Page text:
Roberto Calasso speaks on “The Last Superstition” – Wednesday, Nov. 5, at Stanford


A one-man literary institution

In a 2012 interview, The Paris Review wrote this about Italy’s Roberto Calasso: “In a country where intellectuals like to complain, perhaps more than elsewhere, that literary culture has fallen by the wayside, Calasso has come to stand for a lost ideal: a writer on esoteric topics, a book collector, a translator of Nietzsche and Karl Kraus, and an editor who oversees the publication of some ninety books a year, in every domain from the scientific to the poetic, with a fiction list that ranges from Nabokov and Borges to Kundera and Bolaño.

Now he’s here. As part of the René Girard Lectures, Calasso will be speaking on “The Last Superstition” at 7 p.m. on Wednesday, Nov. 5, at the Cubberley Auditorium on the Stanford campus. The event is free and open to the public. Read more about the event here.

The lectures honor Stanford’s René Girard, one of the major thinkers of our time and a member of the Académie Française, by bringing bold minds to speak in Paris and Stanford, Girard’s two intellectual homes. The 2012 event in the series featured Timothy Snyder, author of Bloodlands. The Calasso event is co-sponsored by the Stanford Department of French and Italian, Imitatio (a project of the Thiel Foundation), and the Cultural Services of the Consulate General of France in San Francisco.

This excerpt of Calasso’s thought from The Paris Review interview shows some affinities with René Girard’s interests:

kaschCALASSO: …The point is, man has a surplus of energy which he has to dispose of. That surplus is simply life. There is no life without surplus. Whatever one does with that surplus, that decides the shape of a culture, of a life, of a mind. There were certain cultures that decided they had to offer it in some way. It is not clear to whom, why, and how, but that was the idea. There are other cultures, like ours, where all this is considered entirely useless and obsolete. In the secular world, sacrifice shouldn’t have any meaning at all. At the same time, you realize that it does, because the word has remained very much in use. In discussions of the economy, analysts speak all the time of sacrifices, without realizing what is inside the word. Even in psychological terms, sacrifice is a most usual word. It is considered illegal—for instance, if one celebrated a sacrificial ritual in the middle of London or New York, he would do something illegal, he would be put in jail. Sacrifice is connected to destruction—that is an important thing and the most mysterious one. Why, in order to offer something, you must destroy it. These are the themes of the last part of L’ardore.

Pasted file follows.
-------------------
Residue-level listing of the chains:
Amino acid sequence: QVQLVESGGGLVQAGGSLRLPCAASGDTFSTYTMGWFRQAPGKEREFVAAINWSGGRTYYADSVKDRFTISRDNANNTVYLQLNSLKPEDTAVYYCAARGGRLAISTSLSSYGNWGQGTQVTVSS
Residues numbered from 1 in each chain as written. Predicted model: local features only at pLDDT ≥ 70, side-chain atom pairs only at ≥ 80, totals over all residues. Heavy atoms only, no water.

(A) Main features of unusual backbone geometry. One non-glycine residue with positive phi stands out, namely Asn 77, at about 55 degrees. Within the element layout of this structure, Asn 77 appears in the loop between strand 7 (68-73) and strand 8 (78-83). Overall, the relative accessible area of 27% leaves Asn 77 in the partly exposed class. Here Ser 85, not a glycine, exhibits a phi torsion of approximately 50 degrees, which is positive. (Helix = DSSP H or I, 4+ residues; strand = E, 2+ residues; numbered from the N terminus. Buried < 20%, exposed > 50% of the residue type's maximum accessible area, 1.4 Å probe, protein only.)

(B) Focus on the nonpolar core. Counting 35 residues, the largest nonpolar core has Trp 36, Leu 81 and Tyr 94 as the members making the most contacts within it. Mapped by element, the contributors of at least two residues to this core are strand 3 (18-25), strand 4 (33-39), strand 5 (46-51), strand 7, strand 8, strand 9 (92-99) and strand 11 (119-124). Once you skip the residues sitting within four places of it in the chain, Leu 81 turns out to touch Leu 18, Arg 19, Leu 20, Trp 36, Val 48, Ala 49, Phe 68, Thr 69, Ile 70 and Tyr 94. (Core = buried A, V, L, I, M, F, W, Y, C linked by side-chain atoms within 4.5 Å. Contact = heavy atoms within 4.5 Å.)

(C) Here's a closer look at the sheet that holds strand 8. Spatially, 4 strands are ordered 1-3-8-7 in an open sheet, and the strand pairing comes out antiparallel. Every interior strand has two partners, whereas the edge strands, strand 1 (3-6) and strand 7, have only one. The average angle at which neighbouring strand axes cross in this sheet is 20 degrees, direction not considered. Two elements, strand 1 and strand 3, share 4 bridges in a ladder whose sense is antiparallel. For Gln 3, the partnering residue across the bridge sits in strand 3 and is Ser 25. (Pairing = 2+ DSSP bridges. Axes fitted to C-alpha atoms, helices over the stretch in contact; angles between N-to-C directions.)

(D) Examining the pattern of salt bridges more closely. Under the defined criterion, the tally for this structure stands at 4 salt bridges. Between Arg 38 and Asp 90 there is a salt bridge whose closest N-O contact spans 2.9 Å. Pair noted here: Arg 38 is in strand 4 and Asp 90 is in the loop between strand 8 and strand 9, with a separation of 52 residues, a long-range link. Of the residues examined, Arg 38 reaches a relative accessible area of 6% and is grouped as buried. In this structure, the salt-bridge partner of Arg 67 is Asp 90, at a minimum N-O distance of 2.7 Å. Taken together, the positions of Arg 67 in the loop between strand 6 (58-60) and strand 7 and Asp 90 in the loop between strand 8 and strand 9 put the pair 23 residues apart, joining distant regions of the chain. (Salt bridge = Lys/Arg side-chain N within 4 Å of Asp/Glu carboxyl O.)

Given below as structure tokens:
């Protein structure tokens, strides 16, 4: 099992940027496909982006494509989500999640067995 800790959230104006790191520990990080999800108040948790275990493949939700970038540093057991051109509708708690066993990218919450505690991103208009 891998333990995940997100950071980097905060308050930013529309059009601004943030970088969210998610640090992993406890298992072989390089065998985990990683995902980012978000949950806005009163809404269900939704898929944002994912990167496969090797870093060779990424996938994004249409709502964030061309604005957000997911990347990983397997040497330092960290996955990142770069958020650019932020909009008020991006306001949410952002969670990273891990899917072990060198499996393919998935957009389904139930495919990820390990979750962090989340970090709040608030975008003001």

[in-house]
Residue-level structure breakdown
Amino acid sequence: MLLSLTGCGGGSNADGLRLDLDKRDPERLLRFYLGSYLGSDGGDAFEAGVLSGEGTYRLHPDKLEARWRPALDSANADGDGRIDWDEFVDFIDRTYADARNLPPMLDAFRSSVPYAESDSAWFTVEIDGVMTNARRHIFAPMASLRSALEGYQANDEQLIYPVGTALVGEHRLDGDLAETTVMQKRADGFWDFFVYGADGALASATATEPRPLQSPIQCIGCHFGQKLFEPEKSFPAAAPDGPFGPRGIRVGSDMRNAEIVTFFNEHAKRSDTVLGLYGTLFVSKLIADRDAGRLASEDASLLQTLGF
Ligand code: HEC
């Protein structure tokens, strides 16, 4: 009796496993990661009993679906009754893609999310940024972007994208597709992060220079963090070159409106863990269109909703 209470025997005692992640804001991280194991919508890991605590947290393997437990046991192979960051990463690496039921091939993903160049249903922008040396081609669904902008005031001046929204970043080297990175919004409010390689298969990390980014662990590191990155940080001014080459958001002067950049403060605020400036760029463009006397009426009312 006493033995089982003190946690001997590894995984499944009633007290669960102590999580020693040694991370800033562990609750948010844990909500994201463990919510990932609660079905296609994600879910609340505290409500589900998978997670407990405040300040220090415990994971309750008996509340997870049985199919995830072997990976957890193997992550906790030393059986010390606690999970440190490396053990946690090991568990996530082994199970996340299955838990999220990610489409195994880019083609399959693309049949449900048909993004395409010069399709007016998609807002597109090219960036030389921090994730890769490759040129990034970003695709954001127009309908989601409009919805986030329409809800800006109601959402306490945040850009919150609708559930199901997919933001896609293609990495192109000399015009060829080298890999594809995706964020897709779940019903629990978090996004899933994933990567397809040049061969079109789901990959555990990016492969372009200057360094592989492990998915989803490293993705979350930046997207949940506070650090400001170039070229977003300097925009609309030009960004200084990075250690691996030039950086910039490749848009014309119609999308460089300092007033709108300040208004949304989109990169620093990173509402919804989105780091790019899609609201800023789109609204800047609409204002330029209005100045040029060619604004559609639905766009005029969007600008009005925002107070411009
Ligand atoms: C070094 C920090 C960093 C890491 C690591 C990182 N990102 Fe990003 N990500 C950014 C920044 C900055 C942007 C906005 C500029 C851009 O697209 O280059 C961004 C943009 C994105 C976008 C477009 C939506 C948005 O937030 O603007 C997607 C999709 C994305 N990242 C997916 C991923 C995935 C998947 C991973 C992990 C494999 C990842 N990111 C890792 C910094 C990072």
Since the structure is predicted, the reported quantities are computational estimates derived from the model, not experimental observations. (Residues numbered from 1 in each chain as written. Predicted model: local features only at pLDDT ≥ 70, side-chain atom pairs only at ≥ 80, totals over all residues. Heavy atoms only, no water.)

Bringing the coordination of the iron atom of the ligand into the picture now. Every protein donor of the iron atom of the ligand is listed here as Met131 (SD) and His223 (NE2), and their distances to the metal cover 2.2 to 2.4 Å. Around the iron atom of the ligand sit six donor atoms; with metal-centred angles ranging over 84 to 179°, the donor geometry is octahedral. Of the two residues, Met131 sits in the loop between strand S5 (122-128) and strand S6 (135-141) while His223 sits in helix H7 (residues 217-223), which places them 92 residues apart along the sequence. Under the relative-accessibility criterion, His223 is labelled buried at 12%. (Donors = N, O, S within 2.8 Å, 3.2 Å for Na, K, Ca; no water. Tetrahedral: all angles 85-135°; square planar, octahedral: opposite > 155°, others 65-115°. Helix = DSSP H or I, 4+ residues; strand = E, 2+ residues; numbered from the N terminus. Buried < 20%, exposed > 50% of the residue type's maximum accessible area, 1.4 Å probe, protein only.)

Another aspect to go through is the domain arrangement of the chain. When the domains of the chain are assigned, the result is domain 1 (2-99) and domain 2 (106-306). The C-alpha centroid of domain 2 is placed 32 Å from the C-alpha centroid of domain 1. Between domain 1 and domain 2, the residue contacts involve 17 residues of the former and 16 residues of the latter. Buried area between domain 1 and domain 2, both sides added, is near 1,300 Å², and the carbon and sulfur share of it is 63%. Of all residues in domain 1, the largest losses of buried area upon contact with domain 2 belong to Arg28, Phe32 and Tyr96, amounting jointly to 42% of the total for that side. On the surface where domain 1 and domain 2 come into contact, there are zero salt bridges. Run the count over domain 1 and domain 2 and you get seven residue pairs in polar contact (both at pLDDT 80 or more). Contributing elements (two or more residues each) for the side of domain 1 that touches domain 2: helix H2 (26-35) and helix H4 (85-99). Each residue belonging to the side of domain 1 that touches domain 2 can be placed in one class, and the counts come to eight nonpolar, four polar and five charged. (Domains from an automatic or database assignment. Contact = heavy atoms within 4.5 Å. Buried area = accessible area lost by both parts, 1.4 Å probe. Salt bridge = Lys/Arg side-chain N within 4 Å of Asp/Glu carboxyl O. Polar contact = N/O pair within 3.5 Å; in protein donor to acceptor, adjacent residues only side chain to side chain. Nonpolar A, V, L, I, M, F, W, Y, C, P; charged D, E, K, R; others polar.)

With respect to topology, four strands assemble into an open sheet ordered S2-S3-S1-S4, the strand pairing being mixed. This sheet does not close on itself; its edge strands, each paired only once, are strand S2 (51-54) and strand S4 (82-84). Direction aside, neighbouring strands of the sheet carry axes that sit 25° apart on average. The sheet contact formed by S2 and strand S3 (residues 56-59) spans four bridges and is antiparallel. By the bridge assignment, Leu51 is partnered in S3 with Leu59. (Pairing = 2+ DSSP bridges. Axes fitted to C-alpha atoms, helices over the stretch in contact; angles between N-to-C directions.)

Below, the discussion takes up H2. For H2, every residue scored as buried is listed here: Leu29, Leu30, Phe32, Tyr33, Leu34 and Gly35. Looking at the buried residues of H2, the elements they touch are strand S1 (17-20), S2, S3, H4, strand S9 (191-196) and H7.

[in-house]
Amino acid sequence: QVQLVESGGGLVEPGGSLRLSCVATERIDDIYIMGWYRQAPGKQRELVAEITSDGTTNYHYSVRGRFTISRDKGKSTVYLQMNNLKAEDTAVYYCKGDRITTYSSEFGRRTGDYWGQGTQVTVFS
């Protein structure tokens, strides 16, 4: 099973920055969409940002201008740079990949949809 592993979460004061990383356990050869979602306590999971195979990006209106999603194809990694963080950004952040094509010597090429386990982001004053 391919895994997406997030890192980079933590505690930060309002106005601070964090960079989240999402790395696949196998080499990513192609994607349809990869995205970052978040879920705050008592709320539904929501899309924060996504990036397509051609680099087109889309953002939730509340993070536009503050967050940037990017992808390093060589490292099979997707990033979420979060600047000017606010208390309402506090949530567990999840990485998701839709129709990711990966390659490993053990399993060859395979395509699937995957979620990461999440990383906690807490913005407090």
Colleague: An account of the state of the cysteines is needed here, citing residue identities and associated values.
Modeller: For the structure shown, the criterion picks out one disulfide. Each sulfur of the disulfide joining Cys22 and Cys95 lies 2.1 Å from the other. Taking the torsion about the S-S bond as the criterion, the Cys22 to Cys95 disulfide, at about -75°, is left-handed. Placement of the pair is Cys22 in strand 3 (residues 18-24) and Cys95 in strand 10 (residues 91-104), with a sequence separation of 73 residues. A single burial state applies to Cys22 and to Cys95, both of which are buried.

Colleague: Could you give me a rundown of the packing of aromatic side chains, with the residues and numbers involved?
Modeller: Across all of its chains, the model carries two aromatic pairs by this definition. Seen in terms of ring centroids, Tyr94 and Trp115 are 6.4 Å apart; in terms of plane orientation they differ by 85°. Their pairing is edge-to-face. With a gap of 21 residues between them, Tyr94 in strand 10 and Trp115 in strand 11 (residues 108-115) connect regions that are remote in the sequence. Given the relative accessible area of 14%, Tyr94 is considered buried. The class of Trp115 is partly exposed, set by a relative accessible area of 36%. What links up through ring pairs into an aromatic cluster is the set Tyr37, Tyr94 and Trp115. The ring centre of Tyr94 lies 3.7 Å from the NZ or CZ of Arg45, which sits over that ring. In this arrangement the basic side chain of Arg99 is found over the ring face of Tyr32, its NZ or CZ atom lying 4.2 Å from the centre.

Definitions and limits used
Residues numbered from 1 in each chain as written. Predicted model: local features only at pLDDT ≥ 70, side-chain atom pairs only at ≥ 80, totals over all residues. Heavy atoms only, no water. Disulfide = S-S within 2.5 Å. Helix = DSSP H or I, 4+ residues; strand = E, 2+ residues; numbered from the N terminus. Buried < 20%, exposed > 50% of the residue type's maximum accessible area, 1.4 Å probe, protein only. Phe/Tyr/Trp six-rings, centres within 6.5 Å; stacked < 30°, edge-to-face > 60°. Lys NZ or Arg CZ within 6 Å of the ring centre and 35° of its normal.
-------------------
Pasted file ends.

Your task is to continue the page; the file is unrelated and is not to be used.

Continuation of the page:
INTERVIEWER:  You have said that Lévi-Strauss was afraid of the notion.

CALASSO: He couldn’t deal with sacrifice, it destroyed his whole theory. I have much admiration for Lévi-Strauss, and I learned a lot from him. But there are certain things, like ritual and sacrifice, that made him nervous, because they disrupted the architecture of his thought.

cadmusINTERVIEWER: But Bataille tackled it.

CALASSO: Bataille is the opposite. Bataille wrote of sacrifice all his life. His best book on that was La part maudite, a very audacious work. But Bataille was not a rigorous thinker. He wrote too much and had a terrible habit—ressassement, endless repetitions. Yet in a way, he put the question at the center of everything.

INTERVIEWER: I think it is also central for you. Why is sacrifice so important?

CALASSO: Maybe it’s simply because sacrifice brings us into dealings with the unknown. In the act of sacrifice, you establish a relation with something that you recognize as enigmatic and powerful. Our collective psyche seems to have lost touch with it, although science is providing countless motives for being overwhelmed by the unknown. The unknown itself is in our own mind as well—our mind is in its largest part totally unknown to us. Therefore, it is not only a relation to the exterior world, it is a relation to ourselves. We establish a connection with the unknown through the act of giving something and, paradoxically, the act of destroying something. That is what is behind sacrifice. What you offer and what you destroy, it is that surplus which is life itself.

kaINTERVIEWER: Descartes speaks of man as “maître et possesseur de la nature.”

CALASSO: Well, you find that notion already in Genesis. But that has its own consequence—guilt. Guilt lies at the root of sacrifice. Sacrifice is not a way to avoid guilt or to excuse guilt, it is a repetition of guilt. In a sense, it’s a reinforcement of guilt. The first guilt is the very fact of making things disappear. Killing is only one of the ways of achieving that. Eating is another.

These actions are all very closely connected and they reach very far back into prehistory. They have gone on for hundreds of thousands of years and have thus left their traces in our minds. You can take them into account or ignore them. Our world attempts to ignore them, it considers all of these things as very remote. In my books, I try to unearth them.

Read the whole thing here.

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